1. Calvin Johnson, Lions -- If Newton isn't the most dominant physical talent in football, Megatron is. More so than Foster, Johnson is head-and-shoulders above the rest at wide receiver.
2. Andre Johnson, Texans -- Houston's philosophical shift on offense safely keeps Andre below Calvin, but he's a dynamic playmaker who dominates targets on his team. Andre bounced back from his 2011 hamstring injury for lines of 5/90/1 and 8/111 in Houston's two playoff games.
3. Mike Wallace, Steelers -- Pittsburgh could quietly be headed for an offensive explosion. Their O-Line has received a major influx of marquee talent, and defenses won't be able to double down on Wallace any longer with Antonio Brown now on the radar screen. If Big Ben's visions of Todd Haley's offense are on point, Wallace will set a career high in targets this year.
4. A.J. Green, Bengals -- Cincinnati's running game no longer instills fear, nor will the No. 2 receiver battle of Mohamed Sanu, Marvin Jones, and Armon Binns. Defenses will key up to stop Green, but second-year OC Jay Gruden will scheme to get him the rock. We saw what Green could do as a rookie. He might be the second most talented wideout in the whole league.
5. Hakeem Nicks, Giants -- Victor Cruz's 2011 emergence threw a temporary wrench into Nicks' WR1 reliability, but these things tend to come full circle. Nicks exploded for three 100-plus yard efforts in four playoff games, to go along with four TDs. It's likely a sign of things to come.
6. Larry Fitzgerald, Cardinals -- Fitzgerald would be the No. 2-ranked receiver if not for lingering QB concerns. He still finished as the No. 5 fantasy wideout in 2011, so he's shown an ability to overcome. 2012 drafters should hope John Skelton starts more games than Kevin Kolb.
7. Brandon Marshall, Bears -- Based on Jay Cutler's two full seasons as a starter in Denver, Marshall can confidently expect to rank among the NFL's target leaders. Marshall paced the league in both years, and old Broncos assistant Jeremy Bates is installing the same system in Chicago.
8. Julio Jones, Falcons -- Scratching the surface, Jones ranked 11th among wideouts in fantasy points per game as a 22-year-old rookie. You don't want to be late for his breakout dance.
9. Steve Smith, Panthers -- Smith isn't going to lead the NFL in receptions, but he could contend for league highs in yards and yards per catch. Sophomore QB Cam Newton's touchdown pass total is likely to rise in his second year, and his top receiver will be the primary beneficiary.
10. Greg Jennings, Packers -- Jennings missed three games last season, but ranked in the top eight in fantasy points per week for the third time in four years. Many of Jordy Nelson's stats are unsustainable, so don't think there's a changing of the top-receiver guard in Green Bay.
Just Missed: Wes Welker, Demaryius Thomas, Kenny Britt, Antonio Brown, Miles Austin, Vincent Jackson, Roddy White, Dwayne Bowe, Victor Cruz, Jeremy Maclin, Percy Harvin.
1. Rob Gronkowski, Patriots -- A man amongst boys, Gronk will make a legitimate case for first-round fantasy consideration in 2012. He's that much better than the rest of the tight ends.
2. Jimmy Graham, Saints -- It's really Gronk, Graham, then everybody else. An athletic freak, Graham led the high-flying Saints in catches, yards, TDs, and targets as a first-year starter. Unguardable at age 25, Graham now enters just his third consecutive year of organized football.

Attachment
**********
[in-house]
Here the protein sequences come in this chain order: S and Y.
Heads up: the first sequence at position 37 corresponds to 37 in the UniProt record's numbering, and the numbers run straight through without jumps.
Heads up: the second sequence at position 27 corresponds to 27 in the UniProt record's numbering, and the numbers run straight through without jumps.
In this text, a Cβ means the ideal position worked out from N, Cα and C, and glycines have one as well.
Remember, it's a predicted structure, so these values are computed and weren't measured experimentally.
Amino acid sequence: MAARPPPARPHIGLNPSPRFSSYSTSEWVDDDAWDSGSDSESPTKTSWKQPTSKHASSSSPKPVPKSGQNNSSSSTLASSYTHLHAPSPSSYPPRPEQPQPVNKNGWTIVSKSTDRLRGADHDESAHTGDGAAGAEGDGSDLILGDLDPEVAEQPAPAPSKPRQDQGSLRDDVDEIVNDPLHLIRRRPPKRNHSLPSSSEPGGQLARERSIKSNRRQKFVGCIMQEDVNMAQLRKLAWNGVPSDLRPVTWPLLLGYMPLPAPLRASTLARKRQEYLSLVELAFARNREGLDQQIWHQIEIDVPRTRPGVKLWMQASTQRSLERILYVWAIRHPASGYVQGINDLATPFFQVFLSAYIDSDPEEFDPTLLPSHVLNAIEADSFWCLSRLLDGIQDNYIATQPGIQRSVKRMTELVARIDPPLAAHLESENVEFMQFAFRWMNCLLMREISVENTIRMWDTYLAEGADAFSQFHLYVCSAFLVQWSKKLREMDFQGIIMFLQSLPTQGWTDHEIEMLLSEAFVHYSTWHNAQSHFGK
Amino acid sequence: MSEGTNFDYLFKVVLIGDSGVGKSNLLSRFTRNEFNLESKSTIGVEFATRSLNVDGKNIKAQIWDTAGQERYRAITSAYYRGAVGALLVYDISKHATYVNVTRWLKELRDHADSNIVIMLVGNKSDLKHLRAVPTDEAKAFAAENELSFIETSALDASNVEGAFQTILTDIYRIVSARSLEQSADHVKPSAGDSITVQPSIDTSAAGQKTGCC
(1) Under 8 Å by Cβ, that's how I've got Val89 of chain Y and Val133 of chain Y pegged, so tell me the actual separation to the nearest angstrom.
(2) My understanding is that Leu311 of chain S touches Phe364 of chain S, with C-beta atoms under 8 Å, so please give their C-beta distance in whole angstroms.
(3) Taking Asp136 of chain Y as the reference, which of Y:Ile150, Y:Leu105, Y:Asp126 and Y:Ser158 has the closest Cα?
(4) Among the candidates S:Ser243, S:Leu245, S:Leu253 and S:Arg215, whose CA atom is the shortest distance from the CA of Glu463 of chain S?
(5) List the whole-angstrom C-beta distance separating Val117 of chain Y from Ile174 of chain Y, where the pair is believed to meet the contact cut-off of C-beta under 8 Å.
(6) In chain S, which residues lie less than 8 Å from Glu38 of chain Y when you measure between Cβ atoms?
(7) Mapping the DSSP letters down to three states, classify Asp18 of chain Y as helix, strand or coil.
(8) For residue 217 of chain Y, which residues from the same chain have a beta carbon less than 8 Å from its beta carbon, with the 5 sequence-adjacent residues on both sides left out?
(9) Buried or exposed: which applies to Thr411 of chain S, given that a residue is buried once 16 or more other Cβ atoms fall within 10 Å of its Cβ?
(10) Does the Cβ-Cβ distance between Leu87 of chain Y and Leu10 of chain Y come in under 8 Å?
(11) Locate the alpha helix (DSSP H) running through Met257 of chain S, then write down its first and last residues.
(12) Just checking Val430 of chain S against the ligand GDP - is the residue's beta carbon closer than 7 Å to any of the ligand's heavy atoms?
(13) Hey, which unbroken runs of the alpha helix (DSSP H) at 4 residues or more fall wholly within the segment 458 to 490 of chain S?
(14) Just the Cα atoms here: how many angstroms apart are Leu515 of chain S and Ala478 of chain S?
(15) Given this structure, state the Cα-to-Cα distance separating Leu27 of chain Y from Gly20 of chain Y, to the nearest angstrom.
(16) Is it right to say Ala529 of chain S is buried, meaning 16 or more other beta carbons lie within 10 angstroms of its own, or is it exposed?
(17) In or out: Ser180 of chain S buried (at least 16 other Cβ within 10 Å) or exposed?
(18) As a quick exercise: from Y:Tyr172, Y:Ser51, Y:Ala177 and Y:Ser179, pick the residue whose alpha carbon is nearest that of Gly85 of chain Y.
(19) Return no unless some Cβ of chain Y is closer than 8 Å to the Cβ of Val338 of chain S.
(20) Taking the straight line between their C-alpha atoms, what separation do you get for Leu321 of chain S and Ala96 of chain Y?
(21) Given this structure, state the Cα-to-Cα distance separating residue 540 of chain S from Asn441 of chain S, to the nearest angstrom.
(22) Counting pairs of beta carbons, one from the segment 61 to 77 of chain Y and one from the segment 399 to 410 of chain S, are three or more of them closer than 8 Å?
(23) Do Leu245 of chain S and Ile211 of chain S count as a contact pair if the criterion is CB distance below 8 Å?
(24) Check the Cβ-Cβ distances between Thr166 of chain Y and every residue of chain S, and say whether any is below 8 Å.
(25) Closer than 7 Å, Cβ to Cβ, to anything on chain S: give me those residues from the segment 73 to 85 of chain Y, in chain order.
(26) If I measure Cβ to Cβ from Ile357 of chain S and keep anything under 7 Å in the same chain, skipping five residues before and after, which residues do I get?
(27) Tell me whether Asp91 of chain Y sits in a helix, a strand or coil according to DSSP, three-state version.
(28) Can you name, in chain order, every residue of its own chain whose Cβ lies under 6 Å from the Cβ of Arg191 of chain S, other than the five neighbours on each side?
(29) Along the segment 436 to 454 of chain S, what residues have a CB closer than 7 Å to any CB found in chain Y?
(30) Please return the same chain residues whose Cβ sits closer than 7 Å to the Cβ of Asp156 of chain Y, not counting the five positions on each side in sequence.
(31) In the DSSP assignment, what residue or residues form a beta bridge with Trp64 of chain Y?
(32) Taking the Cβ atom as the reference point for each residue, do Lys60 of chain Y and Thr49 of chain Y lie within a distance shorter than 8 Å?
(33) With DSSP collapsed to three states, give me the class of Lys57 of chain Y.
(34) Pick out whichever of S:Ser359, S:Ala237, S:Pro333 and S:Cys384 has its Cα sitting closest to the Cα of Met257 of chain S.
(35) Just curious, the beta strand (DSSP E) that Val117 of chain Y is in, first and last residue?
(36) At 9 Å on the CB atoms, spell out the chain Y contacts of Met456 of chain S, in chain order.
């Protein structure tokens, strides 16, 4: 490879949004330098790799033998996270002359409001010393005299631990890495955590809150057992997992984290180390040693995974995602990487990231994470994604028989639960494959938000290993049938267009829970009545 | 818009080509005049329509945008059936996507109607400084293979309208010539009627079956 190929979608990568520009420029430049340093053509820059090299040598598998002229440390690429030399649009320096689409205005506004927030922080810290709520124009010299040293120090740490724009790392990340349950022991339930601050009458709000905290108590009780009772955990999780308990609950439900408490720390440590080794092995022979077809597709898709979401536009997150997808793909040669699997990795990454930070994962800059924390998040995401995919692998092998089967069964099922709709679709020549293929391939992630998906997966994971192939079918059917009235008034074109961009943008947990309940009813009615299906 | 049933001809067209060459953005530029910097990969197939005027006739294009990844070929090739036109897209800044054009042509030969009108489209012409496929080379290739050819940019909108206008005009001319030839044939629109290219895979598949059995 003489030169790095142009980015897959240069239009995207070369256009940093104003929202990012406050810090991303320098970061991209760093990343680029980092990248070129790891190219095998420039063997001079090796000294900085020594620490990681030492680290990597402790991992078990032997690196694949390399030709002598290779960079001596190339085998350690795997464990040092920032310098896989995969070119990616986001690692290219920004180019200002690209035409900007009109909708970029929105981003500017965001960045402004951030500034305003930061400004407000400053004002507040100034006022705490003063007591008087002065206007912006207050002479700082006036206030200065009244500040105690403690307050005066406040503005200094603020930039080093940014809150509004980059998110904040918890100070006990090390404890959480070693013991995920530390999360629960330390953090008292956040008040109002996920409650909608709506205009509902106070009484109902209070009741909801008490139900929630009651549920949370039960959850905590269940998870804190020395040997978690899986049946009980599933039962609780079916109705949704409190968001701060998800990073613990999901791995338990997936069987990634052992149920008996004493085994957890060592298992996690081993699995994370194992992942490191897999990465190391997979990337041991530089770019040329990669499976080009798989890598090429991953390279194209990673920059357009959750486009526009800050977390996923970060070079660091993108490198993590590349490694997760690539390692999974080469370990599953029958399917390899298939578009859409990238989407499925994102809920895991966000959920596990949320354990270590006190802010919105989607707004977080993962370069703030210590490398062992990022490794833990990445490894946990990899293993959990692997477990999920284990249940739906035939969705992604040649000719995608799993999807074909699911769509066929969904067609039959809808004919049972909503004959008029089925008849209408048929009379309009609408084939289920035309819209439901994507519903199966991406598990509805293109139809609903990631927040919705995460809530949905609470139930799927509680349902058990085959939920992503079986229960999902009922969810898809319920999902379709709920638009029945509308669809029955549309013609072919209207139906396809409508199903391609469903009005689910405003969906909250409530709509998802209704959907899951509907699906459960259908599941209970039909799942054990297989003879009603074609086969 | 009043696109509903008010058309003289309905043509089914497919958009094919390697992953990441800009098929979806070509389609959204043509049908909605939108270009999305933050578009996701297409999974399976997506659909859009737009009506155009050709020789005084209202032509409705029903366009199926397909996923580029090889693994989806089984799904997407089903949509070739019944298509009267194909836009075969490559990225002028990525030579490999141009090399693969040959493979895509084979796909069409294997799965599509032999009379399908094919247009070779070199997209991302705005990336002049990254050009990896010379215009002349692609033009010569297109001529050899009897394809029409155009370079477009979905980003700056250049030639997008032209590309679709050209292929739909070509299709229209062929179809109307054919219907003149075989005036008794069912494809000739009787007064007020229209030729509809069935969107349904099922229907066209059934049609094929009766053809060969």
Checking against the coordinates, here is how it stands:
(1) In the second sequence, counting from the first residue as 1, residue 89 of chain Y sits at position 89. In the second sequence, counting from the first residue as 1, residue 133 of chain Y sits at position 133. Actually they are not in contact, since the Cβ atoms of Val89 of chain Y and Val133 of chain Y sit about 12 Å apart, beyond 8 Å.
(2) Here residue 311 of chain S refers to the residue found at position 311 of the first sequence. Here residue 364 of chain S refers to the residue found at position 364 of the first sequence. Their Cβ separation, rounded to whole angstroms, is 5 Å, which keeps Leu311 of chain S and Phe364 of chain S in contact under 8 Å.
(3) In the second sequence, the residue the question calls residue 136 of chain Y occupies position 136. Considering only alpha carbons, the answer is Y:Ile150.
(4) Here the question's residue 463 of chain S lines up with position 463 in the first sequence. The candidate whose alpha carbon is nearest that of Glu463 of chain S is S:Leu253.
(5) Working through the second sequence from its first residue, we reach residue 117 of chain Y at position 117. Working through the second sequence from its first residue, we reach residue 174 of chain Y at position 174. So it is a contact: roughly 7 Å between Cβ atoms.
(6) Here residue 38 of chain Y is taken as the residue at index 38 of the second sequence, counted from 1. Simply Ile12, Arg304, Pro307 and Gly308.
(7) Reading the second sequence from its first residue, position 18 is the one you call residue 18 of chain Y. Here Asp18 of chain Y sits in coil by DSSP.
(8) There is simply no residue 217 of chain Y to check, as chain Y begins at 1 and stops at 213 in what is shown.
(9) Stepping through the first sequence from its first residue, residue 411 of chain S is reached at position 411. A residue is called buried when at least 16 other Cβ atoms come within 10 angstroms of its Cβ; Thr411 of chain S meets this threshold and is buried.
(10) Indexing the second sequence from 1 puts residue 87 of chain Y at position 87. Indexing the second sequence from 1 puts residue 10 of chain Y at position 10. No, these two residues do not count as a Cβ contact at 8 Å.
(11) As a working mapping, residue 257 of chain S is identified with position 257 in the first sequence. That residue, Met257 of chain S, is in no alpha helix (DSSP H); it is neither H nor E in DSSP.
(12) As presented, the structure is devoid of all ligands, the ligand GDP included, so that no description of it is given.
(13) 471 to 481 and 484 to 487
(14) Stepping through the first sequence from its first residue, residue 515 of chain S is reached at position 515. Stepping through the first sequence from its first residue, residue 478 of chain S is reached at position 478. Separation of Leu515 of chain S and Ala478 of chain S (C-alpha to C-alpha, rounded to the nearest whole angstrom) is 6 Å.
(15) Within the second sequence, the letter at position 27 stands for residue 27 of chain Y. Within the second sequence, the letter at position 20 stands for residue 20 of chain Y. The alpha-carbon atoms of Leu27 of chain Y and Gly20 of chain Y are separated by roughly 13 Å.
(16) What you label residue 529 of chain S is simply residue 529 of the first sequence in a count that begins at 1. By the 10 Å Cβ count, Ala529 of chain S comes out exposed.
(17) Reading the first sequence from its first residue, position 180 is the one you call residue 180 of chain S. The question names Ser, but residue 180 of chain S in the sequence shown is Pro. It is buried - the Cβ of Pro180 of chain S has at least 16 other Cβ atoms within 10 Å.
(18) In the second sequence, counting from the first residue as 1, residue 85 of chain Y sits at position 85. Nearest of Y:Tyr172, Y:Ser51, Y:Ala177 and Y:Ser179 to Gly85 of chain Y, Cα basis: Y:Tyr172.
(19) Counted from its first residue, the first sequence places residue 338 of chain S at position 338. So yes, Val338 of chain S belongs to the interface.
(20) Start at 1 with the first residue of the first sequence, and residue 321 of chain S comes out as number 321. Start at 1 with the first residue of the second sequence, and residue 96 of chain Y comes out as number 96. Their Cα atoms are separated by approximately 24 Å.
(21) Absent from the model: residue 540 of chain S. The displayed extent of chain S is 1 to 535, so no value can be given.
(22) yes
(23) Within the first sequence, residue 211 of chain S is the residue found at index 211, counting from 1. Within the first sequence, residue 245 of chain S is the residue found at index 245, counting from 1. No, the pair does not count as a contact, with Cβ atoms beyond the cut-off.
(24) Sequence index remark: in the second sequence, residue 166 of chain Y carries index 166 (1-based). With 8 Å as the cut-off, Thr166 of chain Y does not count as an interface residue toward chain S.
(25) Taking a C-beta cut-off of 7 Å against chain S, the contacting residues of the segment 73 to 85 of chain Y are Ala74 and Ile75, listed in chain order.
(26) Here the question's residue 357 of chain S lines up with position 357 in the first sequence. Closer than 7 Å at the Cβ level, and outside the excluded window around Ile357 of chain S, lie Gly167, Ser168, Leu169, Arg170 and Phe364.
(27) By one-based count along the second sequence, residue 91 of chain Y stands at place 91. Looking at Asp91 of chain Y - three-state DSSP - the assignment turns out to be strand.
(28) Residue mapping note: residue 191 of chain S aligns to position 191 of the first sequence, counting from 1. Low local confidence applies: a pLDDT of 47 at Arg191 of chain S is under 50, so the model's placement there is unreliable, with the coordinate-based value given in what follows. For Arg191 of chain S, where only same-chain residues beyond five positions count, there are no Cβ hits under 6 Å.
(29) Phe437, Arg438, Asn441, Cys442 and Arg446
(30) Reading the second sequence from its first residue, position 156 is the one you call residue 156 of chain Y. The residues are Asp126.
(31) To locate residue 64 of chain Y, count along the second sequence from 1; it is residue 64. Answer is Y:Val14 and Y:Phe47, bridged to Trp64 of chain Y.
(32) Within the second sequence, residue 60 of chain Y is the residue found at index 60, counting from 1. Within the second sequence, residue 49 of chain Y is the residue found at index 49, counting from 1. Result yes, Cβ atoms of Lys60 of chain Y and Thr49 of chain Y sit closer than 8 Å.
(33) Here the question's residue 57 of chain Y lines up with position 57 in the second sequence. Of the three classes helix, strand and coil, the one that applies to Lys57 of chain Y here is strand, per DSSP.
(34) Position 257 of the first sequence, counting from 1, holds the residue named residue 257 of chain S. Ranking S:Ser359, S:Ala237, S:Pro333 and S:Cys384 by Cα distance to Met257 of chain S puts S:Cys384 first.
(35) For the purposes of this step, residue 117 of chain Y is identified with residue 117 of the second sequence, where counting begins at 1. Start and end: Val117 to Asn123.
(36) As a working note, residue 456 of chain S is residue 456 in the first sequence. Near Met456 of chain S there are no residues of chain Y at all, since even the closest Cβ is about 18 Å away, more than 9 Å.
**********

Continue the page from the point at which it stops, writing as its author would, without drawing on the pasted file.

3. Aaron Hernandez, Patriots -- If Gronk and Graham have tiers of their own, Hernandez heads up No. 3. Keep in mind Brandon Lloyd's addition may mean slightly fewer downfield targets.
4. Jermichael Finley, Packers -- Finley's 2011 season was a big disappointment, as he led all tight ends in drops by a significant margin and finished fifth in fantasy scoring at the position when Finley's natural tools say he should have easily been top three. It could add up to nice value.
5. Jason Witten, Cowboys -- Witten earns points for reliability and consistency. He hasn't missed a game in nearly a decade while ranking no worse than eighth in tight end fantasy scoring in seven of the past eight years. Still only 30 years old, Witten should have plenty left in the tank.
6. Vernon Davis, 49ers -- Davis openly admits he didn't grasp new coach Jim Harbaugh's offense until late last season. Then magic happened, as Davis averaged 107 yards with five TDs in the final five games, including two unstoppable playoff efforts. He'll be in a better spot this year.
7. Antonio Gates, Chargers -- Gates was a plodding power forward last season, using his big body to wall off defenders and secure Philip Rivers’ passes. There are signs of physical breakdown, and Gates doesn’t run anything like he used to. He’ll be drafted too early for my taste.
8. Jacob Tamme, Broncos -- Tamme will man the slot in Denver's new "Peyton offense," creating mismatches with his deceptive speed (4.60) and knack for finding soft spots in zones.
9. Fred Davis, Redskins -- Davis was the featured receiver in D.C. last year. While he may lose that role to some extent with Pierre Garcon and Leonard Hankerson out wide, Davis will also be tougher for defenses to key up to stop. He'll be a formidable back-end TE1 this season.
10. Dustin Keller, Jets -- Unless you believe in the rookie Coby Fleener, there's a drop off at tight end beyond the top nine. Keller is a good athlete with lots to play for in a contract year, but the Jets are going to run a smash-mouth, run-heavy attack in which targets may be tough to come by.
Keep an eye on: 11. Coby Fleener, Colts -- I'm excited to watch Fleener in preseason because he has a lot going for him. He can run for a big man, and is entering a Bruce Arians offense that could air it out more than expected. Reggie Wayne played like he was on the verge of retirement last year, and Indy lacks a quality No. 2. Andrew Luck may lock onto his college teammate for long stretches.
Just Missed: Greg Olsen, Tony Gonzalez, Jared Cook.